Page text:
Revealing the Five Masters' Chairs

By Sally Gilbert, School Archivist 


Last week I was asked to check the archive for references to five ancient wooden chairs before we sought advice on their restoration. I had an idea that they were at least as old as our time at the Charterhouse site (1875-1933) had maybe even come from Suffolk Lane.

I turned to the digital Taylorian as the majority of our records from the early years are stored at Guildhall Library, which means a trip to central London. Luckily I discovered a number of reminiscences about Merchant Taylors’ in Suffolk Lane, which describe in detail the ‘classroom’ and practice of teaching over 150 years ago…

In the middle of the left hand side was a great fire-place, protected by a very high wire fender that completely enclosed it, and at the far end the floor was raised about eighteen inches, forming a sort of platform extending the whole width of the room, on which stood the headmaster’s desk, the
monitors’ table, the prompters’ bench, and the upper and lower sixth form seats.

The stern simplicity of the whole could scarcely be said to give it a cheerful aspect, and there was an air of solemnity and age about the place that was added to by the heaviness and solidity of the furniture in the form of the great black oak carved chairs used by the masters, which stood by the places occupied by the different forms.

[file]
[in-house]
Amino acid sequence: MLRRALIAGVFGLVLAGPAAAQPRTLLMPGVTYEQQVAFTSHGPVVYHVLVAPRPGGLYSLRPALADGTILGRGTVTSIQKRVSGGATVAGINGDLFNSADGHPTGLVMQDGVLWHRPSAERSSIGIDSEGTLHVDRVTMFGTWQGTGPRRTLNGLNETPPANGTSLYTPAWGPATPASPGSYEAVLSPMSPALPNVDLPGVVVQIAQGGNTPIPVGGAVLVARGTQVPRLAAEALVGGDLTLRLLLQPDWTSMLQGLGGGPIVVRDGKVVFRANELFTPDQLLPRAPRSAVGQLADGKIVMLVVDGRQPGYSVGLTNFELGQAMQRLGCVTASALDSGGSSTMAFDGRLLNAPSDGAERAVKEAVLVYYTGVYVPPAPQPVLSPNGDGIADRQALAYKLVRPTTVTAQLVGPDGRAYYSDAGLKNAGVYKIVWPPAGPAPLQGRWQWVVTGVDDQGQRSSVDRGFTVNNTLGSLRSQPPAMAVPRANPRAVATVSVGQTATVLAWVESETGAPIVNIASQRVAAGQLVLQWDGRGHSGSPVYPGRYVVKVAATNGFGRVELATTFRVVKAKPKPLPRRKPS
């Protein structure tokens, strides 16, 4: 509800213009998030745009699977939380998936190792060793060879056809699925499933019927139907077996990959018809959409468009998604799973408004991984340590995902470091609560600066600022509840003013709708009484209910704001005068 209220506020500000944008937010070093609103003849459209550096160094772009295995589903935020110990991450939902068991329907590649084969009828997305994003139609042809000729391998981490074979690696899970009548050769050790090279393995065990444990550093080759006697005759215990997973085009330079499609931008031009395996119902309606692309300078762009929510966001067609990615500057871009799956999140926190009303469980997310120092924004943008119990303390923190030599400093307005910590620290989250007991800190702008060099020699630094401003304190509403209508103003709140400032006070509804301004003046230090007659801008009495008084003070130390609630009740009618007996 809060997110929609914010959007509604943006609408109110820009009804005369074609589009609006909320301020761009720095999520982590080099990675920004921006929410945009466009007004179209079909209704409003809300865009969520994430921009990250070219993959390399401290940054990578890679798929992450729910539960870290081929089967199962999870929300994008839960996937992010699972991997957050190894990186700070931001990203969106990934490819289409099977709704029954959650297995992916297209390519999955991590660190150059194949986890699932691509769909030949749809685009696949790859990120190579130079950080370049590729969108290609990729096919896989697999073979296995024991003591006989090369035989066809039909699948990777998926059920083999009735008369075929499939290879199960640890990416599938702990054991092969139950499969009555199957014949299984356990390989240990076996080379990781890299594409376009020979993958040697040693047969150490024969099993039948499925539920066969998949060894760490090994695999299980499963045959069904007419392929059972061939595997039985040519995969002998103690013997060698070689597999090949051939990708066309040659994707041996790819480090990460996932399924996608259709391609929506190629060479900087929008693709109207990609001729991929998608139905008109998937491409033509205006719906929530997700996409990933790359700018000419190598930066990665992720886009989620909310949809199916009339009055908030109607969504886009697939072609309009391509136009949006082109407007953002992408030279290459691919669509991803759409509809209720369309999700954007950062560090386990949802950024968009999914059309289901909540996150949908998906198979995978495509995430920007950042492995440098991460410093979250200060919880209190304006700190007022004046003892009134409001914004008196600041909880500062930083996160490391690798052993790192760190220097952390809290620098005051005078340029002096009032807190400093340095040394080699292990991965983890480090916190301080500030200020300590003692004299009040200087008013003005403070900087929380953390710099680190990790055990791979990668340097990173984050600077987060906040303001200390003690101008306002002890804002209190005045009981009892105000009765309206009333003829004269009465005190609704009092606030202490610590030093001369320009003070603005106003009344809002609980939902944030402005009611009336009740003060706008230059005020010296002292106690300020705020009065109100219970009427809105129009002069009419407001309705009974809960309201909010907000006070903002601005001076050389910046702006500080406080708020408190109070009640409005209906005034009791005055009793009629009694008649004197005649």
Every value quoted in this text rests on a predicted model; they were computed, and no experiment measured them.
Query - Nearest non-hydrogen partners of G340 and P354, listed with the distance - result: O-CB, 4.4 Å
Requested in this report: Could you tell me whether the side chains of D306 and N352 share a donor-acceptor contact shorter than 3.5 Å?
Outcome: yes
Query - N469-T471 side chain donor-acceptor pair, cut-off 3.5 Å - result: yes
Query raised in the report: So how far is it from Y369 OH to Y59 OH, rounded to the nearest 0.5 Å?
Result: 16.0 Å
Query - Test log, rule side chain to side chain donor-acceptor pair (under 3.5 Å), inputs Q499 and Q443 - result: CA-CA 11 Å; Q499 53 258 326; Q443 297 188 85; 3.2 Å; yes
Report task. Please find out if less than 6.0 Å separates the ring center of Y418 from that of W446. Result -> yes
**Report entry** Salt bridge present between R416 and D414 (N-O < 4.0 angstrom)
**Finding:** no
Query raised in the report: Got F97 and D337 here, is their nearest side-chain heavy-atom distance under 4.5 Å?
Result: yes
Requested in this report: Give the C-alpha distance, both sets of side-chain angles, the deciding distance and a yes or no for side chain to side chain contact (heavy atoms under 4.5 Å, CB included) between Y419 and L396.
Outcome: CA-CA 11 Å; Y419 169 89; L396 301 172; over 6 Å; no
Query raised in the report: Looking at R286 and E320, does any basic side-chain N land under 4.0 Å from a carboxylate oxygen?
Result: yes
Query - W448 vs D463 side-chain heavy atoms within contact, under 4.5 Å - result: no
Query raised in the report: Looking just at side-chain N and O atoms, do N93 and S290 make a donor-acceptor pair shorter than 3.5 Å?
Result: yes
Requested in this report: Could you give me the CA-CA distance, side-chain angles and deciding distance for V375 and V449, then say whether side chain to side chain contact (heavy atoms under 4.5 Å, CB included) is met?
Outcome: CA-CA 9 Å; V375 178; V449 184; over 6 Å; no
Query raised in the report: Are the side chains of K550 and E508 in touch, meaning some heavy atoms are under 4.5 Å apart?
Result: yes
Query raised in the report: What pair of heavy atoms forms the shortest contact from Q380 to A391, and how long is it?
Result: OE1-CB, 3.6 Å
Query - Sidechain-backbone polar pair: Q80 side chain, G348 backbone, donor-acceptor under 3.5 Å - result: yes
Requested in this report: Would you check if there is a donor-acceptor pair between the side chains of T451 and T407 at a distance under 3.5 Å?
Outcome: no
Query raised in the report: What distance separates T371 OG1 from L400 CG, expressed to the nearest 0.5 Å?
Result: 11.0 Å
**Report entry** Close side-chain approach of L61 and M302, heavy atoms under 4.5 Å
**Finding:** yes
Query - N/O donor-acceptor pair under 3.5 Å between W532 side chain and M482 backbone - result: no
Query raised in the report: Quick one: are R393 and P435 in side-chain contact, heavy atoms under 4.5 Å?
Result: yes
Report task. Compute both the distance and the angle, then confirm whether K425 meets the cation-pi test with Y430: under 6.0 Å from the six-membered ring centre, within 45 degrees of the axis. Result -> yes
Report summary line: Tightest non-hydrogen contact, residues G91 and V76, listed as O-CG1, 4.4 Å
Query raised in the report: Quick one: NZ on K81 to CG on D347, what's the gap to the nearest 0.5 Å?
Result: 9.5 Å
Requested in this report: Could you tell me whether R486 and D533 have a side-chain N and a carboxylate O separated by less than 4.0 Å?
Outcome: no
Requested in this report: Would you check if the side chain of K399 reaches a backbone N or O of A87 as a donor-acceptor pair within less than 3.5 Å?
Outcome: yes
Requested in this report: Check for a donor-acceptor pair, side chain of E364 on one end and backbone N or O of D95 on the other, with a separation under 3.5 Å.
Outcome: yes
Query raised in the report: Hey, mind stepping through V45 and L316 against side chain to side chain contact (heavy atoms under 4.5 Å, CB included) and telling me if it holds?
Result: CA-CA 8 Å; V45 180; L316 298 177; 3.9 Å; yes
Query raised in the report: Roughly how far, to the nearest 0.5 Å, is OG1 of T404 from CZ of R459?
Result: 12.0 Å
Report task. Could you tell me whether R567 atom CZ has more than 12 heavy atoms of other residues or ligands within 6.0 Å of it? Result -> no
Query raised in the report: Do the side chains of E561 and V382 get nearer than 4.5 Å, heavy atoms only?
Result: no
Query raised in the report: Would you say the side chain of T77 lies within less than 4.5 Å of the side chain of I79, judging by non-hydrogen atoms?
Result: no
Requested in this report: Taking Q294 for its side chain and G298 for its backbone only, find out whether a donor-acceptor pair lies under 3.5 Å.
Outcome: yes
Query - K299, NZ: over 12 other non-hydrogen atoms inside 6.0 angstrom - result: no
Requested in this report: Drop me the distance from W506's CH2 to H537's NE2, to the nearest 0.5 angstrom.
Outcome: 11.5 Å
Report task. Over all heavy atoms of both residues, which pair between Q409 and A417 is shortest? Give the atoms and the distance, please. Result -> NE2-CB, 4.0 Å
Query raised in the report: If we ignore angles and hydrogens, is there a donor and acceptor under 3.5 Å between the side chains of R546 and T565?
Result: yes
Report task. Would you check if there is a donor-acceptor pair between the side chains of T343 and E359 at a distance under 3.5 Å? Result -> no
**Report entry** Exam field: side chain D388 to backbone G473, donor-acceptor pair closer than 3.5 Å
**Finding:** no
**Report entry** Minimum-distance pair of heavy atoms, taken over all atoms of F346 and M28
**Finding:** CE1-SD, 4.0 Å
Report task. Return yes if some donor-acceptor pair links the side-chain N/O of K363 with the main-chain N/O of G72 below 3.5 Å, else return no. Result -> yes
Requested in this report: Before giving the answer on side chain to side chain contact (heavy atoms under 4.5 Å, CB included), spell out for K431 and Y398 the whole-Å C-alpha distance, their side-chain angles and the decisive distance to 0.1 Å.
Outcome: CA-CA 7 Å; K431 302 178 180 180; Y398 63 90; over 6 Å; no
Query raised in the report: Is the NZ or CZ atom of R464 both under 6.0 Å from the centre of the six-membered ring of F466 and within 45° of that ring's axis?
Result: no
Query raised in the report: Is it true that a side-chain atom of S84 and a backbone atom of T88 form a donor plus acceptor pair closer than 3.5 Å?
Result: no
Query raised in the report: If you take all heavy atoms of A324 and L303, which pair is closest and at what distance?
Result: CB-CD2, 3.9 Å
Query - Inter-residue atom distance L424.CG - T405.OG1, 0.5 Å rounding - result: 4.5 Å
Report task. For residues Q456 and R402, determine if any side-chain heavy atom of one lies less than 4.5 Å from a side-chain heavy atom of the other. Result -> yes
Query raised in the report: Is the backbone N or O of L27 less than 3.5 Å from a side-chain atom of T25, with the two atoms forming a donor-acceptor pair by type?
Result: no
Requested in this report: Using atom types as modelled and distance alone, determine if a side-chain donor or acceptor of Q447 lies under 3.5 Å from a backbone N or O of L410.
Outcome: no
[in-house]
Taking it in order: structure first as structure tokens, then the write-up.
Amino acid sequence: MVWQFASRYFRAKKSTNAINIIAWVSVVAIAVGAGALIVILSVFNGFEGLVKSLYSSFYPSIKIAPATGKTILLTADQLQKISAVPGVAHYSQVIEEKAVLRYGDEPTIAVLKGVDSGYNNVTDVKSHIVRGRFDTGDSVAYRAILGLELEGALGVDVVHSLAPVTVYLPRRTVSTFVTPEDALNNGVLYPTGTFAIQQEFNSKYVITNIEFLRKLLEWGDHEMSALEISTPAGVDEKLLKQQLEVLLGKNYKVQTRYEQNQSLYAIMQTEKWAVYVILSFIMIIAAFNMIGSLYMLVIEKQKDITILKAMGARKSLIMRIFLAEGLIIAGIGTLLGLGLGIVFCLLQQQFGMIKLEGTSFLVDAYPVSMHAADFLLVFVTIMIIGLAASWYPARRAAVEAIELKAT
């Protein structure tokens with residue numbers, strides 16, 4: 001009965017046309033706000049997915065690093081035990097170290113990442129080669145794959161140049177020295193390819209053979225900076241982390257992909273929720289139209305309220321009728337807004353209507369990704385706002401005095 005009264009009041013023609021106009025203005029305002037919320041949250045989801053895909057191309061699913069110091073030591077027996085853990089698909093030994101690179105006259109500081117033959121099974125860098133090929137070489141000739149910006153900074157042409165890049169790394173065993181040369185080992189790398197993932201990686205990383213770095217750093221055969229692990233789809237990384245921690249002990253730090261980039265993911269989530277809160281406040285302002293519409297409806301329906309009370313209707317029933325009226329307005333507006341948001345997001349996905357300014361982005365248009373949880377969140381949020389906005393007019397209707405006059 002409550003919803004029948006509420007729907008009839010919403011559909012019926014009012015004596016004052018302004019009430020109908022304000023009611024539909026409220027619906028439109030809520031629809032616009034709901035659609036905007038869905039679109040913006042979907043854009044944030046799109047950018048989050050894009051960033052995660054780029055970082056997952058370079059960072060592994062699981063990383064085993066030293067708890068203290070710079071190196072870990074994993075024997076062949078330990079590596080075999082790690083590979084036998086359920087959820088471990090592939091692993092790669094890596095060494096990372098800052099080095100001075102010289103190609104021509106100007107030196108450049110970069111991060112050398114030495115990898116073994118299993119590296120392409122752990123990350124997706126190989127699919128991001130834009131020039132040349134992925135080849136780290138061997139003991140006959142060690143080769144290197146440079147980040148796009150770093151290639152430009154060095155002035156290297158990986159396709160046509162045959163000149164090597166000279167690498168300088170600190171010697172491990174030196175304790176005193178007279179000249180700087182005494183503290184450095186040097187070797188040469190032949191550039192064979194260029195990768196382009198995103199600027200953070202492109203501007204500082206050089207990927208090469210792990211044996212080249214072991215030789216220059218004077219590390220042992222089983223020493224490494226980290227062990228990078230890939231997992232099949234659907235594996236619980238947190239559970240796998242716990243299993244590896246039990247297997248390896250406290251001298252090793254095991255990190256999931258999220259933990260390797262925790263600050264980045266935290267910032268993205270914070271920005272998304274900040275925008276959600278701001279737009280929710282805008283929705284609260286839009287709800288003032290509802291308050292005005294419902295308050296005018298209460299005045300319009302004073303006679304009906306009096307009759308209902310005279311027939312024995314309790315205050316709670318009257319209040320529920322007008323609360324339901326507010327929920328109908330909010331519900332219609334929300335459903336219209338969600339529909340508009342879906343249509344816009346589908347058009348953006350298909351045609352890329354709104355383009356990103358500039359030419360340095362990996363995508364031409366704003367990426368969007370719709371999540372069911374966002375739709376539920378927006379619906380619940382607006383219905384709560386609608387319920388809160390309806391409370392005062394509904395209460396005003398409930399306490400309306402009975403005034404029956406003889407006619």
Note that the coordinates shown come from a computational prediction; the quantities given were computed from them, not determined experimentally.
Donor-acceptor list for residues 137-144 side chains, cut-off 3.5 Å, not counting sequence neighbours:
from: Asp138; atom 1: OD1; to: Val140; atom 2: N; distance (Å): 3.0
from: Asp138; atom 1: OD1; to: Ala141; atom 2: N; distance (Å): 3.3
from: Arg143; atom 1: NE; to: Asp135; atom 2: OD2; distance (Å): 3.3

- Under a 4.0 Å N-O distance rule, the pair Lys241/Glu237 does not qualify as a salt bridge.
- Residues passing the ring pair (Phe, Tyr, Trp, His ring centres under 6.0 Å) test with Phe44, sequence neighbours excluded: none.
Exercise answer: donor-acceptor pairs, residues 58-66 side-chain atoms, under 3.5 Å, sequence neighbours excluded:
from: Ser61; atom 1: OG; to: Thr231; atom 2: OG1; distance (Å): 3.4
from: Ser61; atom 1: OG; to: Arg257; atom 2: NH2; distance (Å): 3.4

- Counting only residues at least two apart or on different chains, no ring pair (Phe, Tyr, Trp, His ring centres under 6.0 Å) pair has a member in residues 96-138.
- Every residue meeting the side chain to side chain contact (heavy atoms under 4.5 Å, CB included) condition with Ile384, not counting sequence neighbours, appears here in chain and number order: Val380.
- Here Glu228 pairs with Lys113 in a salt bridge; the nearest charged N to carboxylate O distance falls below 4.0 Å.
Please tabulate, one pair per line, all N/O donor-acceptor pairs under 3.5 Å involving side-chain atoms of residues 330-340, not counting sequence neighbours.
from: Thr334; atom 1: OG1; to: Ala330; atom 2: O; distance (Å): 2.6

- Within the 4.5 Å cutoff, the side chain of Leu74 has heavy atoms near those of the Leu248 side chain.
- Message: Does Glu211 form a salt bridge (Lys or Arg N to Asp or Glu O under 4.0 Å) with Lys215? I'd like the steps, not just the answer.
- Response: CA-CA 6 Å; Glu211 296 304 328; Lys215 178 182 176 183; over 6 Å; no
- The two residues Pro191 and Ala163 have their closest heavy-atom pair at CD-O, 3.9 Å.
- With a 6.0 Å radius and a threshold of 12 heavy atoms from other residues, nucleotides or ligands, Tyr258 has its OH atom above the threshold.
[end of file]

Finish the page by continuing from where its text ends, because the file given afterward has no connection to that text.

…At 9 o’clock all the boys assembled according to their forms in the great school-room. The masters, robed in their gowns and caps, entered, and took their places by their forms standing by their great chairs. (‘The Taylorian’, Vol 31, 1908-09)


… The big hall of the old School in which we assembled daily for prayers was long and narrow, and as we arrived we were shepherded by our form master to our places, form facing form across the hall. Each master ostentatiously carried his cane to inspire in our juvenile breasts a feeling of due respect for authority. These handy little weapons were allowed during prayers to rest tranquilly on the fine old carved oak chairs provided for the use of the masters. (‘The Taylorian, Vol 53, 1930-31).

These eyewitness accounts, along with drawings from the 18th century show clearly that the chairs have been part of the School furniture from our time in Suffolk Lane. The conservator confirmed this by independently dating the chairs from 1690 or earlier. It could be that they were purchased to replace items lost when the school was destroyed in the Great Fire of London. Our ambition is to restore them and ensure their survival for another 350 years of School life.

October 2019

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